Why the Music Industry can't ignore the Middle East in 2019

The International Federation of the Phonographic Industry(IFPI) is a non-profit organization which governs over the recording industry worldwide. The organization was founded in Italy in 1933.

In April 2018, the IFPI released its 2018 Global Music Report, a region was utterly absent from its pages: the Middle East. The music industry has completely neglected the Middle East and North Africa (MENA) for a way back because the higher percentage of people listening to songs in this particular region prefer listening to tunes at no cost; either through physical or online piracy or through legal ad-supported channels. According to reports, piracy still fees the full MENA entertainment industry $500 million per year.



Nevertheless, 2018 was the year predominant labels and streaming platforms invested more capital into the region than ever done before. In February 2018, Warner Music Group launched off Warner Music Middle East, a recorded-music subsidiary based in Lebanon. Also by October French streaming service Deezer then officially expanded into MENA. Spotify introduced its MENA providing, which included a new Arab hub of localized playlists. Industry experts expect more labels, streaming platform, and music services to launch in the vicinity in subsequent years ahead.

This cascade of investment is turning MENA into a unique, fast-growing source of revenue and consumer data for artists and rights holders around the globe. Ironically, Middle East investors have been merely assisting a number of the world biggest song and amusement companies for years.

However, Spotify and Deezer are not without their competition, from both neighborhood and global players. Apple Music and YouTube have both been energetic in MENA markets for a long time. Meanwhile, local service provider, Anghami is considered king for pure-play music streaming, with almost a hundred million registered users. As a local company, Anghami takes the lead ahead of Spotify and Deezer when considering high-quality localized content.


The economics of building a streaming platform in MENA countries is a different task from what the music industry sees in other markets notably the Western markets. Credit-card use in MENA populations is relatively down, according to the World Bank. Though among the MENA population with no bank account, 86 percent of men, and 75 percent of women own a mobile phone which the World Bank suggests could be an avenue for expanding financial inclusion.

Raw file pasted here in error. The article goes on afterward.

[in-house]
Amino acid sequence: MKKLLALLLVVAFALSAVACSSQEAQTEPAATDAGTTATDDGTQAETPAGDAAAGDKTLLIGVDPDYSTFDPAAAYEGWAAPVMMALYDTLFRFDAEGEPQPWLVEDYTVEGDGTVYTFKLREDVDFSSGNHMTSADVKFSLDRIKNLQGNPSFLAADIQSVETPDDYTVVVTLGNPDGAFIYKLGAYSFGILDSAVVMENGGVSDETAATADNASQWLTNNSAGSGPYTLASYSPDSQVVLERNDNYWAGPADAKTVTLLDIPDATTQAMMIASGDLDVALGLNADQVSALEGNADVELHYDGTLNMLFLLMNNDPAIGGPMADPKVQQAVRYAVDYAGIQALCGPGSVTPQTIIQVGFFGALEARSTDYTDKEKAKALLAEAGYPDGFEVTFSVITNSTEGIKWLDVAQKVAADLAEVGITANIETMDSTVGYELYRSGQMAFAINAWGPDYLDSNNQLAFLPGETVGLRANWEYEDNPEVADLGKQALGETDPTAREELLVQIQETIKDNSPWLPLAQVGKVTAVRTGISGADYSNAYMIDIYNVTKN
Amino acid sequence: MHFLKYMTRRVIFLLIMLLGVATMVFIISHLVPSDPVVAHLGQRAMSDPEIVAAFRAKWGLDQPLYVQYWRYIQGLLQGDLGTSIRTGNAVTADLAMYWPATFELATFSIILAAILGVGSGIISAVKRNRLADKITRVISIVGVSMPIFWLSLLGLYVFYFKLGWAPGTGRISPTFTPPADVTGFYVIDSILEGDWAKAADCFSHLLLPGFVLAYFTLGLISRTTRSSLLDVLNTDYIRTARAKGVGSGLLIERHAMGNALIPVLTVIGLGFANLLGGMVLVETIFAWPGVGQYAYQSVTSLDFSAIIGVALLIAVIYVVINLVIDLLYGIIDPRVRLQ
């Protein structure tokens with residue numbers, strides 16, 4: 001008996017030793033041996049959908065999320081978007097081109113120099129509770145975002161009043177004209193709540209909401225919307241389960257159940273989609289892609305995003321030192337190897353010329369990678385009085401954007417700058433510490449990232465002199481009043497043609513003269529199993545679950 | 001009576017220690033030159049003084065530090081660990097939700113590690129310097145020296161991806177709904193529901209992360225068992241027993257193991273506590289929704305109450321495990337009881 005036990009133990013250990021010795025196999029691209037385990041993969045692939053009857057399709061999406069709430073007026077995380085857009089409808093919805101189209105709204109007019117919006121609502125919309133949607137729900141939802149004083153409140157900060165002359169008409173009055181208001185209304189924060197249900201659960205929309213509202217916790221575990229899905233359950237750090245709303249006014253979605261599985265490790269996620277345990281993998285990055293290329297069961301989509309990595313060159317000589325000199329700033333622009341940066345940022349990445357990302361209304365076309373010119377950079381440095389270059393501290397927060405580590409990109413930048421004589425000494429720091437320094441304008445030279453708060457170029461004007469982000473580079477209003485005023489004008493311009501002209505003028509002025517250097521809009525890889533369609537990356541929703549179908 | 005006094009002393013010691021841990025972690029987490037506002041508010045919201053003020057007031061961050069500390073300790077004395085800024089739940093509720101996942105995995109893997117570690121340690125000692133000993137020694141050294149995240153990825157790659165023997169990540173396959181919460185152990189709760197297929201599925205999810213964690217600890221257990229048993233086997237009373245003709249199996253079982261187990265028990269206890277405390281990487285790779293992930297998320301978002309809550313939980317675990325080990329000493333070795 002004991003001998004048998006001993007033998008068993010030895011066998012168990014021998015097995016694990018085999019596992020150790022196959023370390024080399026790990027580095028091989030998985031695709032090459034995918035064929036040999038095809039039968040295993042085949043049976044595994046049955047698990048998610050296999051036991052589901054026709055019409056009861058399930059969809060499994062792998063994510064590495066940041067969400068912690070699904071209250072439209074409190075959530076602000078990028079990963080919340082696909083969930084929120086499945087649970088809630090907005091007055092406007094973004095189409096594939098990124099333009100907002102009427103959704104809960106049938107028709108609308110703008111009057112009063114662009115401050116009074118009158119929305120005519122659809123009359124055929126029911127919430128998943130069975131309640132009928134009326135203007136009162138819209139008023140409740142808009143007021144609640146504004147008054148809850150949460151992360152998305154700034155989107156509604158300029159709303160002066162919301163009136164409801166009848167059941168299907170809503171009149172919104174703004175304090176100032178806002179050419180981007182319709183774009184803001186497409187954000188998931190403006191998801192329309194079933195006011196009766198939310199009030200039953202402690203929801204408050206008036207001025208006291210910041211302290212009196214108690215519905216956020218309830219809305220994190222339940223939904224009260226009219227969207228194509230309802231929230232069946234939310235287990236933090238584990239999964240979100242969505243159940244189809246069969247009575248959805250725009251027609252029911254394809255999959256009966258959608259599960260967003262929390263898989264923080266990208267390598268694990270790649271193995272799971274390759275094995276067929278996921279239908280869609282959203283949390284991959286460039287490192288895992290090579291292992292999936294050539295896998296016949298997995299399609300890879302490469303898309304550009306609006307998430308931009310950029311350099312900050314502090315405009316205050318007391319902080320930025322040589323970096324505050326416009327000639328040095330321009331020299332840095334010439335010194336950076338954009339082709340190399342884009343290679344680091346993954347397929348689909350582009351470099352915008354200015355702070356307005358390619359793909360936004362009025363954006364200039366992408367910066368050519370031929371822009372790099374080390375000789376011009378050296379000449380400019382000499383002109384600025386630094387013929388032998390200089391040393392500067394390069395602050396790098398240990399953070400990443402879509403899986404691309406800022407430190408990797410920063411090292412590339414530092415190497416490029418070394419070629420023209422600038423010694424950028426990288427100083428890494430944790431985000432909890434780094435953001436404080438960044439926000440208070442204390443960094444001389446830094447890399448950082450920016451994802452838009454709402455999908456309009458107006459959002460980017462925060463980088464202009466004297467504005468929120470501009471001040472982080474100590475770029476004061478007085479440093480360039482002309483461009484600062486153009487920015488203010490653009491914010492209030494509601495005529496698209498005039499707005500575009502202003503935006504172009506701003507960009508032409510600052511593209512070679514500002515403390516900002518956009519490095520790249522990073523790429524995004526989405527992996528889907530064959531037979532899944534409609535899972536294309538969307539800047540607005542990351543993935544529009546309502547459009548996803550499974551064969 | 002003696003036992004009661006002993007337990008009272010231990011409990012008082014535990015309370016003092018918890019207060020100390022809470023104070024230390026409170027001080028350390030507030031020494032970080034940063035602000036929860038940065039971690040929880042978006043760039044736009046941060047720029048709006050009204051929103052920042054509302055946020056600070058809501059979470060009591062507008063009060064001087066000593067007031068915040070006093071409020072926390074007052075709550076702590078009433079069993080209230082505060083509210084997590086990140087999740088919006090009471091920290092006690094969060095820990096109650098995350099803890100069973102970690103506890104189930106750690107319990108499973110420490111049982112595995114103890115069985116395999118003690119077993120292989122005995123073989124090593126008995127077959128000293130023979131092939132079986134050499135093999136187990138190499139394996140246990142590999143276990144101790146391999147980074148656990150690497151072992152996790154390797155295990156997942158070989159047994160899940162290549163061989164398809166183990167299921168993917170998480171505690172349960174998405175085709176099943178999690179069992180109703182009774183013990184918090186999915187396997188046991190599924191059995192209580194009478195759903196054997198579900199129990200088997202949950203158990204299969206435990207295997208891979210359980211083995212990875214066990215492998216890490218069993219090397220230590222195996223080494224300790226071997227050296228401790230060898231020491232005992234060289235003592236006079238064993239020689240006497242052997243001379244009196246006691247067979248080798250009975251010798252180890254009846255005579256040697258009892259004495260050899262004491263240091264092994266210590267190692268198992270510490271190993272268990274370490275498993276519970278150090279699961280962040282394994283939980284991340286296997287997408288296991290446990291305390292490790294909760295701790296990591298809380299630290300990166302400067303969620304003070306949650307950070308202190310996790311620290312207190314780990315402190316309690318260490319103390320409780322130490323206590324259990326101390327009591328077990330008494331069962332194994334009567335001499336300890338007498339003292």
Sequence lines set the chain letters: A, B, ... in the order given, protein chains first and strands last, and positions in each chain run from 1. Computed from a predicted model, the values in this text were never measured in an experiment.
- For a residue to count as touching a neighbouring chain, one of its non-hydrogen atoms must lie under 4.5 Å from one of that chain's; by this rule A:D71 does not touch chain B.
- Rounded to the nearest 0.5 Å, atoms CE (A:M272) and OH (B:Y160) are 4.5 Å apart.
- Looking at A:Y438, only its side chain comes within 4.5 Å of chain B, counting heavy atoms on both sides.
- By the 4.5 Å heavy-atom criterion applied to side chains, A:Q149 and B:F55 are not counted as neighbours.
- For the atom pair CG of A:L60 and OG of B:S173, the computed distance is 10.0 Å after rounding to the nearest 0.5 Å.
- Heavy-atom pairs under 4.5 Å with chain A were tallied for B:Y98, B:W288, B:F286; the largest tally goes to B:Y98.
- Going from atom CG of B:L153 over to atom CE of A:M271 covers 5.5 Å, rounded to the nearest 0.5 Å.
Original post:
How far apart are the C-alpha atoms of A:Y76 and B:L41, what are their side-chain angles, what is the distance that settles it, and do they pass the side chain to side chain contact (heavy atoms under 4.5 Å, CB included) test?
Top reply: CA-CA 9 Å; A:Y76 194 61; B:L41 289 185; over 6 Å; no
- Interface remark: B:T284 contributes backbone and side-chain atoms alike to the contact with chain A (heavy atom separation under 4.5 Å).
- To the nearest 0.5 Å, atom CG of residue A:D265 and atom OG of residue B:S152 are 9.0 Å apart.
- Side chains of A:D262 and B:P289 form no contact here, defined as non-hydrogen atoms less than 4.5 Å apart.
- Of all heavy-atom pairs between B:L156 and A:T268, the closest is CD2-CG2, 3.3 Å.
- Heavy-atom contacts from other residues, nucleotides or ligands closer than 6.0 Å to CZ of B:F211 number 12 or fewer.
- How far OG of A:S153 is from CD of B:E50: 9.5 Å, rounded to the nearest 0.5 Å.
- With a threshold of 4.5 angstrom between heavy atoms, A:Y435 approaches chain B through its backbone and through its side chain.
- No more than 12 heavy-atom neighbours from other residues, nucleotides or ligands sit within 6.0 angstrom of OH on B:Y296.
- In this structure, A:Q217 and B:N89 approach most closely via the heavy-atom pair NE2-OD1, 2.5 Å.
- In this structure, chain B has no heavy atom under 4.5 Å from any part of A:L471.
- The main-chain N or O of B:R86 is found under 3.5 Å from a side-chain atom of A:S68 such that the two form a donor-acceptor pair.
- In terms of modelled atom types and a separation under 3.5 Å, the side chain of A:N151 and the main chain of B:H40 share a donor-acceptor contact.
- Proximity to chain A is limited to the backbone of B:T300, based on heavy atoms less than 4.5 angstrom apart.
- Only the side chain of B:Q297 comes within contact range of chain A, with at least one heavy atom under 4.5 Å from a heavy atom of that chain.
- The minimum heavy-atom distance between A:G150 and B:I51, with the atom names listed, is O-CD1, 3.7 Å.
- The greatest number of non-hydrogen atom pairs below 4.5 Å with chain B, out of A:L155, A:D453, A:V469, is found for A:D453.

In the context of songs, excessive mobile penetration plus low economic inclusion approach that the massive majority of song streaming transactions manifest through telco bundles with mobile subscription plans. Consequently, Anghami is the cutting-edge market leader, has partnered with over 20 telcos in the region. Apple Music announced a subsidized bundle with local telco Etisalat in June 2018, while Deezer and Spotify are still looking forward to potential business partners.


However, telcos can assist decrease customer acquisition fees for streaming companies by as much as 60 percent. Streaming companies are also competing for head-to-head on unique or special Arabic song content, and notice themselves playing a crucial position in strengthening MENA's especially weak artist-improvement infrastructure, mainly on the equal level. Shortly before Deezers MENA launch, Deezer introduced of a kind content material agreement with local label Rotana Records, which claims to own the vicinity most treasured catalog.

Notably, East Asian companies like Tencent, Rakuten, and Huawei are also funding MENA tech and media with ample capital, and have even considered acquiring local streaming platform rather than launching their rig from scratch. The government in MENA are putting structures in place to propagate their music industry. Back in September 2017, a whopping amount of $2.7billion was budgeted by the Saudi Arabian government for the entertainment sector.

One hoovering question, given MENA's previous record with piracy, is whether the region's local royalty collection infrastructure can keep up for this great influx of streaming activity. Back in 2011, Apple iTunes delayed the establishment in the middle east by a year due to lack of a local music right society, effectively making it impossible for the company to work a way to pay royalties to the correct rights holders.

The MENA music industry tends to look like a jigsaw puzzle of stakeholders; neighborhood and global tech companies, MENA government, record labels and the extensive list of artists of Arab origin. They are all attempting to work out the way to diminish piracy, increase attention to paid streaming, improve royalty payment systems and outline better paths to sustainability for the neighborhood music community.



However, a music industry serious concerning economic process will not dismiss the sheer quantity of capital, talent and consumer demand flowing in and out of the region, and the wealth of chance it'll produce for all of those stakeholders in 2019.


/ Popnable Media
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